Ever wonder what goes into flavouring the drinks you buy? The iced tea you’re drinking, or that vermouth you mixed into your martini? We talk to Australian expat Nick Garfield about his super-cool job in flavour development, and what’s trending in the drinks market.
Born in Adelaide, Nick gained an educational background in chemistry and microbiology, and first started working in the beverage industry for French distilled beverage producer Pernod Ricard in Australia, where he held several roles in yeast and fermentation, and winemaking and beverage making, including spirits and Ready to Drink (RTD) beverages.
“Never during my education, or even early in my career in the alcohol industry, did I consider working with flavours. I didn’t even fully understand that there was a flavour industry!” Nick says.
The flavour factor
His foray into “flavouring” came about when he wanted to make the move from a production environment to product development, working with a variety of markets outside Australia. Nick moved to Asia in 2008, living first in Singapore, before relocating to Shanghai for two years, and returning to Singapore in 2014. Now, as Global Technical Director of Alcoholic Drinks at Swiss fragrance and flavour company Firmenich, he’s responsible for developing beverage flavours with a variety of both large multinational companies like Diageo and Heineken, to smaller, local players in developing markets. For example, delivering a quality spirit at an accessible price point for Myanmar. Or another market in which a HK$300 bottle of gin isn’t realistic.
“I’m essentially responsible for helping develop Alcoholic Beverage Liquids, from low-alcohol RTD beverages and flavoured alcoholic drinks to high-proof spirits, for companies all over Asia and the world,” says Nick. “That means working closely with manufacturers to help them design the taste of the next product they’ll bottle and sell.”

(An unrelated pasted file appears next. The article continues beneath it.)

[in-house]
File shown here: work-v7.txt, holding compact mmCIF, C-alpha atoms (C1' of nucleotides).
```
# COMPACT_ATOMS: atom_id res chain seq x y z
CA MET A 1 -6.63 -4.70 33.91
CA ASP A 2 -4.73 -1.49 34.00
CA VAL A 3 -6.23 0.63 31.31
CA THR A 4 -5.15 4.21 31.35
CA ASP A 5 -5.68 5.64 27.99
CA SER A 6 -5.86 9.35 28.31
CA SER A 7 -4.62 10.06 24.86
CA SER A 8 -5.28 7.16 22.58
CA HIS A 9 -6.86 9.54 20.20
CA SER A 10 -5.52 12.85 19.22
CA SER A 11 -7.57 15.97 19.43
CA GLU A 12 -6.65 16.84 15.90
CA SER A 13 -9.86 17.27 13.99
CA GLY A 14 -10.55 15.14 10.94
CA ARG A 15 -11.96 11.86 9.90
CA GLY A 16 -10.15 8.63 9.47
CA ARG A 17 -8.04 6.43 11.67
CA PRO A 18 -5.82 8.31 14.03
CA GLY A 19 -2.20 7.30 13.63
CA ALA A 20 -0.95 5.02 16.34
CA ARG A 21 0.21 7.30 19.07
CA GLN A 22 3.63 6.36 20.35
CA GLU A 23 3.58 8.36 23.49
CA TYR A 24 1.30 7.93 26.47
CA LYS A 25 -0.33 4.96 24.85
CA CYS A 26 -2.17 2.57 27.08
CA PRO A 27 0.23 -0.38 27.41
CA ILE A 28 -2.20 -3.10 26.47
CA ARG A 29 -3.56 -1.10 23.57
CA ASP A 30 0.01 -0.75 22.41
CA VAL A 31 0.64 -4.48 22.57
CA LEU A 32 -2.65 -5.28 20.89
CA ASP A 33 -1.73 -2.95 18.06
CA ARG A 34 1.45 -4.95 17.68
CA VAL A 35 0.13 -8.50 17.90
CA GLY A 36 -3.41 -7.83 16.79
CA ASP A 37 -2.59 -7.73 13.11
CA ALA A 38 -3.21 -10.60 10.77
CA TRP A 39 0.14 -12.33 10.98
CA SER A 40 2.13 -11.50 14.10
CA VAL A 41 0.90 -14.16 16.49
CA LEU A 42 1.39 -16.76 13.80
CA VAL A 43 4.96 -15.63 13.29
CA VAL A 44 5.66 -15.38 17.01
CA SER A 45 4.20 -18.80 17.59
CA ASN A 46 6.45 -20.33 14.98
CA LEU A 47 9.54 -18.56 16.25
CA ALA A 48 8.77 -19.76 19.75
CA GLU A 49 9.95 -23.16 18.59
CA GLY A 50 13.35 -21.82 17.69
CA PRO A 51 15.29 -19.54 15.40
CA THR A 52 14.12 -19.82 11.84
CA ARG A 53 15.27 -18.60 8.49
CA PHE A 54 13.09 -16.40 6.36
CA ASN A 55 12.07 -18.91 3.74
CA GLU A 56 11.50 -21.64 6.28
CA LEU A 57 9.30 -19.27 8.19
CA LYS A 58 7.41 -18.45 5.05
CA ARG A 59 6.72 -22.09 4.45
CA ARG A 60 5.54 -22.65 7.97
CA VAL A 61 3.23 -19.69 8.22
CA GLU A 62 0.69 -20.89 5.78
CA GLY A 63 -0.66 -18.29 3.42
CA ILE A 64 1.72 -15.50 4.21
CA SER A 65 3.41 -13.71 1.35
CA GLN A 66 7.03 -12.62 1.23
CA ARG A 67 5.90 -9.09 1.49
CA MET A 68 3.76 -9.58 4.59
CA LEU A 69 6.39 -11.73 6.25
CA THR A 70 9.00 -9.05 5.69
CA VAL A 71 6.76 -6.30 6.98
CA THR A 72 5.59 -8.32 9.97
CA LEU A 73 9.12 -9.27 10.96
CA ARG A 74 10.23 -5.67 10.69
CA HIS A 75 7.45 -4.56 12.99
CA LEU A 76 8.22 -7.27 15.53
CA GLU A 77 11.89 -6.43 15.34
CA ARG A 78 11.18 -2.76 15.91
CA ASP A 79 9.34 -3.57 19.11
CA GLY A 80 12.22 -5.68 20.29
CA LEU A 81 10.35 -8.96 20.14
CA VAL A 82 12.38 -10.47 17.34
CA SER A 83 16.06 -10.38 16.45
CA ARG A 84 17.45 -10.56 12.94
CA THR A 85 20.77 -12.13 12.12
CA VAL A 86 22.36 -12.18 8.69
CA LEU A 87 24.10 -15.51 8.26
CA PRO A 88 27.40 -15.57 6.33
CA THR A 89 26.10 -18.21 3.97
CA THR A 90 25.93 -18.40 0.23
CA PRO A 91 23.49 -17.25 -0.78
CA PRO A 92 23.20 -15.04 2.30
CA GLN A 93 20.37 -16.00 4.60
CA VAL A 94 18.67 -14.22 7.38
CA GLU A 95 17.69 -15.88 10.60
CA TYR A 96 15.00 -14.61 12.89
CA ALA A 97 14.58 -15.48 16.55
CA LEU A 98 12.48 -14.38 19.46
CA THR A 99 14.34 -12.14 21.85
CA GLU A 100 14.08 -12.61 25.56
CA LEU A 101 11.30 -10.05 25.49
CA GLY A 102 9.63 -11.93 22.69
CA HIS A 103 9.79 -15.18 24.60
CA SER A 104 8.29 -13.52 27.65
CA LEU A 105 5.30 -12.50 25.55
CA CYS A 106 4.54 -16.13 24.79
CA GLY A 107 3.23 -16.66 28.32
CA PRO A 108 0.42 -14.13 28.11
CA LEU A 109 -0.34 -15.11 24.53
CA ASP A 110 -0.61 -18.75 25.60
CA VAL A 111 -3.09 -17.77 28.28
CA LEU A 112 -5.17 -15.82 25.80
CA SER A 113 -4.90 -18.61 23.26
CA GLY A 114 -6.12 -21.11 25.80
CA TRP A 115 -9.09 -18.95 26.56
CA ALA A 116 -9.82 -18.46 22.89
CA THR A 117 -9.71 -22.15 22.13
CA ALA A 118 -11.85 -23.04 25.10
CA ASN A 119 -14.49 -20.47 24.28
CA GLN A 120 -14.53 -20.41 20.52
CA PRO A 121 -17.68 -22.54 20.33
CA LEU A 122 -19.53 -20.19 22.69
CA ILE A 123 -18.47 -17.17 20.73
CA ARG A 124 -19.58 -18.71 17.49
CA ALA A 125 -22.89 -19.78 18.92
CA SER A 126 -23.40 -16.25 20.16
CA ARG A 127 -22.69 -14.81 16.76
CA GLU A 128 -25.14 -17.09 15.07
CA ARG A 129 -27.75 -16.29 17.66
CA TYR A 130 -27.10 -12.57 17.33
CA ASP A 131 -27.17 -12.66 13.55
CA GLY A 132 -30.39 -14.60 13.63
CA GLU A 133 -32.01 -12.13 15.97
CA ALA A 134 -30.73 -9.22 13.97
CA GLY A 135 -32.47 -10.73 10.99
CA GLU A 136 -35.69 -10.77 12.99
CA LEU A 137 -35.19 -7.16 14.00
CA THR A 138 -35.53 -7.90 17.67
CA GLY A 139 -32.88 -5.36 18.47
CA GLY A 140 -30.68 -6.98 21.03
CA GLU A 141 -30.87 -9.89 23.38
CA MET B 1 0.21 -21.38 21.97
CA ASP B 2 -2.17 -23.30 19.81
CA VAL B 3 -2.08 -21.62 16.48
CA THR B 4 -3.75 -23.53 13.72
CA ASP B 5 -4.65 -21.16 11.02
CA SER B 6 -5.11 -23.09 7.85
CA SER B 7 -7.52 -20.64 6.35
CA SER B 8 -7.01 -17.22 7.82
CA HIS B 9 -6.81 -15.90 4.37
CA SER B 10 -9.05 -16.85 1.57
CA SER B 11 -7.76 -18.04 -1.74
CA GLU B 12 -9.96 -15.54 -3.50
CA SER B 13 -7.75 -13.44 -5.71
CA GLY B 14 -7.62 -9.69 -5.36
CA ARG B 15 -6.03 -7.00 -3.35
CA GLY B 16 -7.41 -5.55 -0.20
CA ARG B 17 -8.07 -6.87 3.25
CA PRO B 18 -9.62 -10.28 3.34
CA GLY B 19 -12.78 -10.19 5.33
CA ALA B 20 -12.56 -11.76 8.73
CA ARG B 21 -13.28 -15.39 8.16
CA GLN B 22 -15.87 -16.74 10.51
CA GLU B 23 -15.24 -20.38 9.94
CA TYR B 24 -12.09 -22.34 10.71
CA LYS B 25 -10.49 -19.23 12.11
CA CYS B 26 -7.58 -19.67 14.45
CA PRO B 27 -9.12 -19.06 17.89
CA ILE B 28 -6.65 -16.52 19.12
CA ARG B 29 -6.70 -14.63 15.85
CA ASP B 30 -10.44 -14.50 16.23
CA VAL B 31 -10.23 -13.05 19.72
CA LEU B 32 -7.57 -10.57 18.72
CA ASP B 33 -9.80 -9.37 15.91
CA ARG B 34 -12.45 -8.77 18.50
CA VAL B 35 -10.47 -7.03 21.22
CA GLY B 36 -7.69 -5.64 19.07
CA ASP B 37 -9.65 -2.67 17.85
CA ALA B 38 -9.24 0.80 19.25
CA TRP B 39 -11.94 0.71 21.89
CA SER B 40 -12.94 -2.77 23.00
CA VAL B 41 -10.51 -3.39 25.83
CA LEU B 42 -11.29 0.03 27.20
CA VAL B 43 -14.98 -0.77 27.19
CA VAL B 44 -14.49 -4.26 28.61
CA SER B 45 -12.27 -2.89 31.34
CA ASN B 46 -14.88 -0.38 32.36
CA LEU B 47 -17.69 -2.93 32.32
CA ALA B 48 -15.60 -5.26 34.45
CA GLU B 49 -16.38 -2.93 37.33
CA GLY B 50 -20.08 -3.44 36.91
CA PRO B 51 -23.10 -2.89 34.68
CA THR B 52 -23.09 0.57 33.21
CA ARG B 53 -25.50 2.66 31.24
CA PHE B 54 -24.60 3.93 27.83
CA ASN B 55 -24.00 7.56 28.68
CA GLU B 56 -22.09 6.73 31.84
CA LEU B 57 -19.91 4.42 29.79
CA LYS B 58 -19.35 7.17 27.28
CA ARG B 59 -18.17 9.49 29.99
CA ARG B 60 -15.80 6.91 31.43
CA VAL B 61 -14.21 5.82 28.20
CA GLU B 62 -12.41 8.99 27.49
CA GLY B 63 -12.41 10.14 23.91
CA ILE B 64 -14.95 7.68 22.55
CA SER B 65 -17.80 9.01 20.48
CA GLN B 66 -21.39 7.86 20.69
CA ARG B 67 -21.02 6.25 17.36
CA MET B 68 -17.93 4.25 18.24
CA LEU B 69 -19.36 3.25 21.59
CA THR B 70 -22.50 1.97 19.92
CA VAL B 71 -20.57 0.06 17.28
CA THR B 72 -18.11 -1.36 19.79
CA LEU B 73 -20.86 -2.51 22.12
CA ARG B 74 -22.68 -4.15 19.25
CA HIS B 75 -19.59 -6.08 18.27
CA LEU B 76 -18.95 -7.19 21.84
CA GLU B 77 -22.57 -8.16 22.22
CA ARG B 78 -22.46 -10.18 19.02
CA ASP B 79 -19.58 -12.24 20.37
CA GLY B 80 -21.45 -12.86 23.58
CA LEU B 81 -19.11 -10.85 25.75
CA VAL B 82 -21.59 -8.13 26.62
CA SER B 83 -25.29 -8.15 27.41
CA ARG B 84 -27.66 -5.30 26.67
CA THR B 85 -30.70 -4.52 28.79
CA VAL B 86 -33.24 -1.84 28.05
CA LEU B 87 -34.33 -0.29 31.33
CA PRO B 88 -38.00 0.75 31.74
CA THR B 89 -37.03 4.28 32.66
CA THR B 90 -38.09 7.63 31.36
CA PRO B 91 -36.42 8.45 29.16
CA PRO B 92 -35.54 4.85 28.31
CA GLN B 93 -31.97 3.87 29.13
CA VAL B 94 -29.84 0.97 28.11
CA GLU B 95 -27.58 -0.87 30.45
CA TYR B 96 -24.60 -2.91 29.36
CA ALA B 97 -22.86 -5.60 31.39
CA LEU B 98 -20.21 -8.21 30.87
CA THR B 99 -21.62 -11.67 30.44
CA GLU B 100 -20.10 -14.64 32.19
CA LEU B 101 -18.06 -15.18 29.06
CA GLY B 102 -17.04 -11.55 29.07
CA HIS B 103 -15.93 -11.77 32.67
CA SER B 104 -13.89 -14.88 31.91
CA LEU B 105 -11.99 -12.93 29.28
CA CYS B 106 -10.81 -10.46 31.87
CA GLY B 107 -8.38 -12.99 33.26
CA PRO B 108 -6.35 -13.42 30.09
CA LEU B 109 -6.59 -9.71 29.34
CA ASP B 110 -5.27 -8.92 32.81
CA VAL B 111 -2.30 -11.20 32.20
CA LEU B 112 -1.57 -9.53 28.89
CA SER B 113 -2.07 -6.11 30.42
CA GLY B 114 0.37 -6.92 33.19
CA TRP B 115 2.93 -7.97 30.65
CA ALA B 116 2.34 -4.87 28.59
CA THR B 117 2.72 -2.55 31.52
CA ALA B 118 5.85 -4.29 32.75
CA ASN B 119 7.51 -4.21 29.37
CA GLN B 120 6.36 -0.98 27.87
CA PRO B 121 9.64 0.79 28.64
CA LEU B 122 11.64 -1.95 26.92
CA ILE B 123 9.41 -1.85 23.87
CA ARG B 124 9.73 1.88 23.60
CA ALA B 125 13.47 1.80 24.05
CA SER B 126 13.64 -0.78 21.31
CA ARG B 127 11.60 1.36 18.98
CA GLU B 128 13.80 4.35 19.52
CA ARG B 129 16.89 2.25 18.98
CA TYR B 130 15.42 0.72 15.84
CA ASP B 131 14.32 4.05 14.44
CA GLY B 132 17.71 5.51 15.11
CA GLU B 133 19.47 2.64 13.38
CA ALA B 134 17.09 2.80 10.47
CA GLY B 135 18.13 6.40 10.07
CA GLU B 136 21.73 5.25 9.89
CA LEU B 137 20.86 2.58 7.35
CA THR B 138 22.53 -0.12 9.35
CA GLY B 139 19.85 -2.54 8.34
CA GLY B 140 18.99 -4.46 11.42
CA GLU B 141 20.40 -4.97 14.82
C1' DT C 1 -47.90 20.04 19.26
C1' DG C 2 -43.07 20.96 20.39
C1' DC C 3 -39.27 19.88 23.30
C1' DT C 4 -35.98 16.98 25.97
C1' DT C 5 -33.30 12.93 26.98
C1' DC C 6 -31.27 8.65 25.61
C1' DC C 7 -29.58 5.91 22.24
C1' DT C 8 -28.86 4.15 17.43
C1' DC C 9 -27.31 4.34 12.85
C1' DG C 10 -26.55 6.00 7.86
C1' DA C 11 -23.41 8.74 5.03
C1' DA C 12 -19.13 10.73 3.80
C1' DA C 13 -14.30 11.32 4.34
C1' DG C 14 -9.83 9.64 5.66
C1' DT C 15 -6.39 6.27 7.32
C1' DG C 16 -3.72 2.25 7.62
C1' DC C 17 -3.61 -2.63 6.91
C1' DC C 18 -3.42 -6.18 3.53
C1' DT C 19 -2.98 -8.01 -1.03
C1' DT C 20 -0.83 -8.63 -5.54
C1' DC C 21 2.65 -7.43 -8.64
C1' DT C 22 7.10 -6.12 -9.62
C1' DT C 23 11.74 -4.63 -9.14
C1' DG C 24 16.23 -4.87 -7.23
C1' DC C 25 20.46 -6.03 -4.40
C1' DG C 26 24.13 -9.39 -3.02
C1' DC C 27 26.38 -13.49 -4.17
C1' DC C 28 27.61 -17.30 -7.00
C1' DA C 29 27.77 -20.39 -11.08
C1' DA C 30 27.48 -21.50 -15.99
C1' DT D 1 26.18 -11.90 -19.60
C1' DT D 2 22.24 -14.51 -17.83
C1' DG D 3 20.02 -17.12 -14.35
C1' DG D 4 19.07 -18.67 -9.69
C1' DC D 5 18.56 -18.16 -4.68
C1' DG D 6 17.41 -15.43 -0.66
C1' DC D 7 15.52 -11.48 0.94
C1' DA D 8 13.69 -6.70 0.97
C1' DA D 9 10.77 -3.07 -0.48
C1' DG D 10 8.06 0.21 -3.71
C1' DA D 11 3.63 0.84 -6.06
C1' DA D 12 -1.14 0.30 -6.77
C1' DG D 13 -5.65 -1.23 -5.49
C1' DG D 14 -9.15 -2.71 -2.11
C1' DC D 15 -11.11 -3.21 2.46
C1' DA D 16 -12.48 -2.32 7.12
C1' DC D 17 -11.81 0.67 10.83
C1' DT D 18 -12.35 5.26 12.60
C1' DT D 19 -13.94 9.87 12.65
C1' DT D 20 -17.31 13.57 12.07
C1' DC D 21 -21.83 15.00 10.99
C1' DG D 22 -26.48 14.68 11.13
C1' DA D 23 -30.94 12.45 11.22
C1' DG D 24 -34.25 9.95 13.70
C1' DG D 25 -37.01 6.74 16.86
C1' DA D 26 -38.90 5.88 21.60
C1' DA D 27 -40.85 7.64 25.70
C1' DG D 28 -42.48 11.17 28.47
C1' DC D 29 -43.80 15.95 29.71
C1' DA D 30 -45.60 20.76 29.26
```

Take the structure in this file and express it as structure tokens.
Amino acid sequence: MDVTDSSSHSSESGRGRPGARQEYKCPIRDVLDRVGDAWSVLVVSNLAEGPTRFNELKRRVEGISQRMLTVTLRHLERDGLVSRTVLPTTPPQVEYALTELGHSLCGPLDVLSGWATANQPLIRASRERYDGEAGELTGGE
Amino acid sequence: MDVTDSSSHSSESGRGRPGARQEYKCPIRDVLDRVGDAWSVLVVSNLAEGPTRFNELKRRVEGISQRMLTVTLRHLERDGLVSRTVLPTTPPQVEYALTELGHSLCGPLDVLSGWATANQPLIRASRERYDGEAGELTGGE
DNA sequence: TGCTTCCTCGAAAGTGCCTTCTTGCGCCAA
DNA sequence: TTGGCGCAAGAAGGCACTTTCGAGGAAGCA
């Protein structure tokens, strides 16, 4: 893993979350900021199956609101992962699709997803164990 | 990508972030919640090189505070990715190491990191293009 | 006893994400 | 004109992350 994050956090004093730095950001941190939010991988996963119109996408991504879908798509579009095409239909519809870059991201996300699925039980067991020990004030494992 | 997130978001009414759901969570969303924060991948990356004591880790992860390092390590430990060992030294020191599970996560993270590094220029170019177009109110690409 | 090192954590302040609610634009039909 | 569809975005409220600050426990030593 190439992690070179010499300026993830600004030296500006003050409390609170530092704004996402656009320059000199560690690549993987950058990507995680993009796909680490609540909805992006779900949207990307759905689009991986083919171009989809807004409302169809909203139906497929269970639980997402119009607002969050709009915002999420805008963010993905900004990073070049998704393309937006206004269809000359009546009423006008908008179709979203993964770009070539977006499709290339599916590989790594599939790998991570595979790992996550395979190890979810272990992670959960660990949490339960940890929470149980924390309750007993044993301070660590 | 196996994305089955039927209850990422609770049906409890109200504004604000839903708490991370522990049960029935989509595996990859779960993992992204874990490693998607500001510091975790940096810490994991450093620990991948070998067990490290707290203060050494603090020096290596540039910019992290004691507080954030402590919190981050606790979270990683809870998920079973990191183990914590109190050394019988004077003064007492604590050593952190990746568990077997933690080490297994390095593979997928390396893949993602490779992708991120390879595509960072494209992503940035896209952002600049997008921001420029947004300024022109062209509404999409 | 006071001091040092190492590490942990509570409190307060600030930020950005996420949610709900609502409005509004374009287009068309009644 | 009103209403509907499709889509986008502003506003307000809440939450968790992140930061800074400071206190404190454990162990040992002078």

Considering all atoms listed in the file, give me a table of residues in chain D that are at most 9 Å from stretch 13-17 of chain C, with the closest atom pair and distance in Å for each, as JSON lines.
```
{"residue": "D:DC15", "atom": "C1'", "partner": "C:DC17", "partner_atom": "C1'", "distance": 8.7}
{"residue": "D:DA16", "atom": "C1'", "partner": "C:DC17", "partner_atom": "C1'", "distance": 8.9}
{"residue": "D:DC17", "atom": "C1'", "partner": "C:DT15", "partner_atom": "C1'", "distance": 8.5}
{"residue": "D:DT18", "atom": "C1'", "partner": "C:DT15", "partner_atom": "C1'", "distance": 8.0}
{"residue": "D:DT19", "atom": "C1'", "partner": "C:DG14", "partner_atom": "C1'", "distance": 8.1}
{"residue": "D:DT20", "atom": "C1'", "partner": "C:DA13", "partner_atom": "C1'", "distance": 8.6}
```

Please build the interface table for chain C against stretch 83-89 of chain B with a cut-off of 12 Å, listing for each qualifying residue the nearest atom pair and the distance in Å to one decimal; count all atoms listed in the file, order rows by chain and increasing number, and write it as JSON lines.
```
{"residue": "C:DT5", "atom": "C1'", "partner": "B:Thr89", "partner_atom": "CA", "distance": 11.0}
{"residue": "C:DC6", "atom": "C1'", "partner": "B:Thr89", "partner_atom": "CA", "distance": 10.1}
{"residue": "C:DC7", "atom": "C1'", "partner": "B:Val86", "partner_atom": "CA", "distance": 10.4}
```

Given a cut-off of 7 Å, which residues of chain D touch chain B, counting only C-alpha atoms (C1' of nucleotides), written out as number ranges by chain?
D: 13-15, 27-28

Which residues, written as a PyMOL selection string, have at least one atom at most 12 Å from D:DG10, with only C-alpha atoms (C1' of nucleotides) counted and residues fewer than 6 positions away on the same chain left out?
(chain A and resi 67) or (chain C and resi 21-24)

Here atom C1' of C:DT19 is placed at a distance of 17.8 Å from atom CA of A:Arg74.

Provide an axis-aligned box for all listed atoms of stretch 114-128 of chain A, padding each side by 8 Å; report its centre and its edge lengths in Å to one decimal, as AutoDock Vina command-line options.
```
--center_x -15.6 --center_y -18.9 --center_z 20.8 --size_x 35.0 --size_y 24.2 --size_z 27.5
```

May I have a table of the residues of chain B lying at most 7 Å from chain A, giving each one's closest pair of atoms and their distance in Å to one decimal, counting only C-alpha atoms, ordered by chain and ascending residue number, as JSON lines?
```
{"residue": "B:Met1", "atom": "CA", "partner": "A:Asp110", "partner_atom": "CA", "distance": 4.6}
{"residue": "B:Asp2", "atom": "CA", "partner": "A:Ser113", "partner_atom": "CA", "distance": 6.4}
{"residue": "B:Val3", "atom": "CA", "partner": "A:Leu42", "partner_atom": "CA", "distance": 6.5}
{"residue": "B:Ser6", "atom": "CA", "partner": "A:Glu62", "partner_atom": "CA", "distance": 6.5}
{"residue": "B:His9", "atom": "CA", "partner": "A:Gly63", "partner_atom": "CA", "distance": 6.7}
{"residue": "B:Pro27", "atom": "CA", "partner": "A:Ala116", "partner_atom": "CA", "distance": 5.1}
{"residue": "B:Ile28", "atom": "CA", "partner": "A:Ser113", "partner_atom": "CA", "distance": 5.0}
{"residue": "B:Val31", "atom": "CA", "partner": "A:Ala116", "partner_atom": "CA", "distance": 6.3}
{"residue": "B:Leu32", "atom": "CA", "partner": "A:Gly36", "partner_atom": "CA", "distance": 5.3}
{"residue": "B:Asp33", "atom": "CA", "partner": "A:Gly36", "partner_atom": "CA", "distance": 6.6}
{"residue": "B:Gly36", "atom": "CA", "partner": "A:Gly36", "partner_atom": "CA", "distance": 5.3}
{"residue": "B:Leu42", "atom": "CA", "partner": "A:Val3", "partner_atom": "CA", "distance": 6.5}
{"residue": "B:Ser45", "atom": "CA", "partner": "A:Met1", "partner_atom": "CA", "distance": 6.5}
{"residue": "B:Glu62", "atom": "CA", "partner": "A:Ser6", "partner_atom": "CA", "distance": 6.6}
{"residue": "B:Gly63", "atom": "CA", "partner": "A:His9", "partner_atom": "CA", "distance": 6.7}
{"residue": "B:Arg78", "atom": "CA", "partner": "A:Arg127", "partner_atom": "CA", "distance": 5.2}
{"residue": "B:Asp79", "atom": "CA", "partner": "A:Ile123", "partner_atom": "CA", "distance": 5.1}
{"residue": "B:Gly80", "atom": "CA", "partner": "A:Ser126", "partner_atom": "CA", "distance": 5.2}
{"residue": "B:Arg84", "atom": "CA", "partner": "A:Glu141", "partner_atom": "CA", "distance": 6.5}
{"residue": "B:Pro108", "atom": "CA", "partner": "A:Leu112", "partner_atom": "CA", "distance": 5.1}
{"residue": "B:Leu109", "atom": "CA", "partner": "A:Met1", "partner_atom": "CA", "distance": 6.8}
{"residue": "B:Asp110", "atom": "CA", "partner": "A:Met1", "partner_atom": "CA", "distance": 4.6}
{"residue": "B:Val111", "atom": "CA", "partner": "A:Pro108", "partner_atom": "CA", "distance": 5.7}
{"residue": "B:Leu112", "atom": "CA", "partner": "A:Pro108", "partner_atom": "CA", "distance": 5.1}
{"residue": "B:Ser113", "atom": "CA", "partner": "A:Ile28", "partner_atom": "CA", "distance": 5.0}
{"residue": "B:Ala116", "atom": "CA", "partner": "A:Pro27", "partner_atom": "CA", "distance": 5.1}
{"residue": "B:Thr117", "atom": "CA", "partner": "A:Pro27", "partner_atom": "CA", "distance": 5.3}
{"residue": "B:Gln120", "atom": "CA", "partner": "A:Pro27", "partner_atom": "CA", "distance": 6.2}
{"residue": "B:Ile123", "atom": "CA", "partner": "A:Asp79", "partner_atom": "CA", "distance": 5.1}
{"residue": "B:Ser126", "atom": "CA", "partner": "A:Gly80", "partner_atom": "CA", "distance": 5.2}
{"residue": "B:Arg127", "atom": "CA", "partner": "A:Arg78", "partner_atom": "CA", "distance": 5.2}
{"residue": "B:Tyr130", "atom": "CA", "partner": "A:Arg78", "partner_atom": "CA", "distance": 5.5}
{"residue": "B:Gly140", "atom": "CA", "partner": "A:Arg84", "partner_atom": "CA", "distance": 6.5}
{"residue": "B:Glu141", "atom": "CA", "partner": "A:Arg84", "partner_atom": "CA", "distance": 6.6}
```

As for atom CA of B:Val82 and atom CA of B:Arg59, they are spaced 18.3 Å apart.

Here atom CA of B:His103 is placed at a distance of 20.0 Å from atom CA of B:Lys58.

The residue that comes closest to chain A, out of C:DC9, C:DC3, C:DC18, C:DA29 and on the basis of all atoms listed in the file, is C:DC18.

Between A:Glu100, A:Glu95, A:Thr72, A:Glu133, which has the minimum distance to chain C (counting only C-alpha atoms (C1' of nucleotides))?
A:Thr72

A typical working day consists of tastings and evaluations of products under development. And planning the next stages of those developments, as well as coordinating work flows in all regions globally, and managing customer requests. “What I love most is the variety of products and people I get to work with, from Pakistan to Africa to Japan – it’s fascinating!”
Depending on the complexities, it can take some time to create and perfect a flavour, according to Nick. “I’ve worked on projects with some customers for several years developing not just the flavour profile, but the physical appearance of the beverage as well, and developing new technologies to do so along the way.”
Keeping up with consumer trends and what the market needs is another key component to Nick’s job. “We do a lot of work on spotting trends. This means collecting information from all over the world on what ingredients leading bars are using, and talking to the head bartenders.”
For 2019, Nick predicts top flavour trends will include rhubarb, flavoured gins and vermouth. As well as mezcal, which he says is one of the fastest growing alcohol categories globally, with its influence really starting to spread across Asia.
“Gin has been trending for some time with quirky new flavours. Rhubarb and pink gins are very hot right now. This might evolve more into vermouths with the trends on lower alcohol, but still sophisticated, flavours,” Nick says. “What we are seeing now is quite a trend toward non- and low-alcoholic beer, and other nonalcoholic substitutes, which I expect will continue to grow and expand. Non-alcoholic spirits are also new and trending, but I think it will expand further into ciders and wine.”
As for Nick’s current drink of choice? “Right now, my favourite cocktail would still have to be a Negroni. But there are some great twists on the basic Negroni, which keeps it interesting.”
See more in our wine & dine section
This article first appeared in the April/May 2019 issue of Expat Living magazine. Subscribe now so you never miss an issue.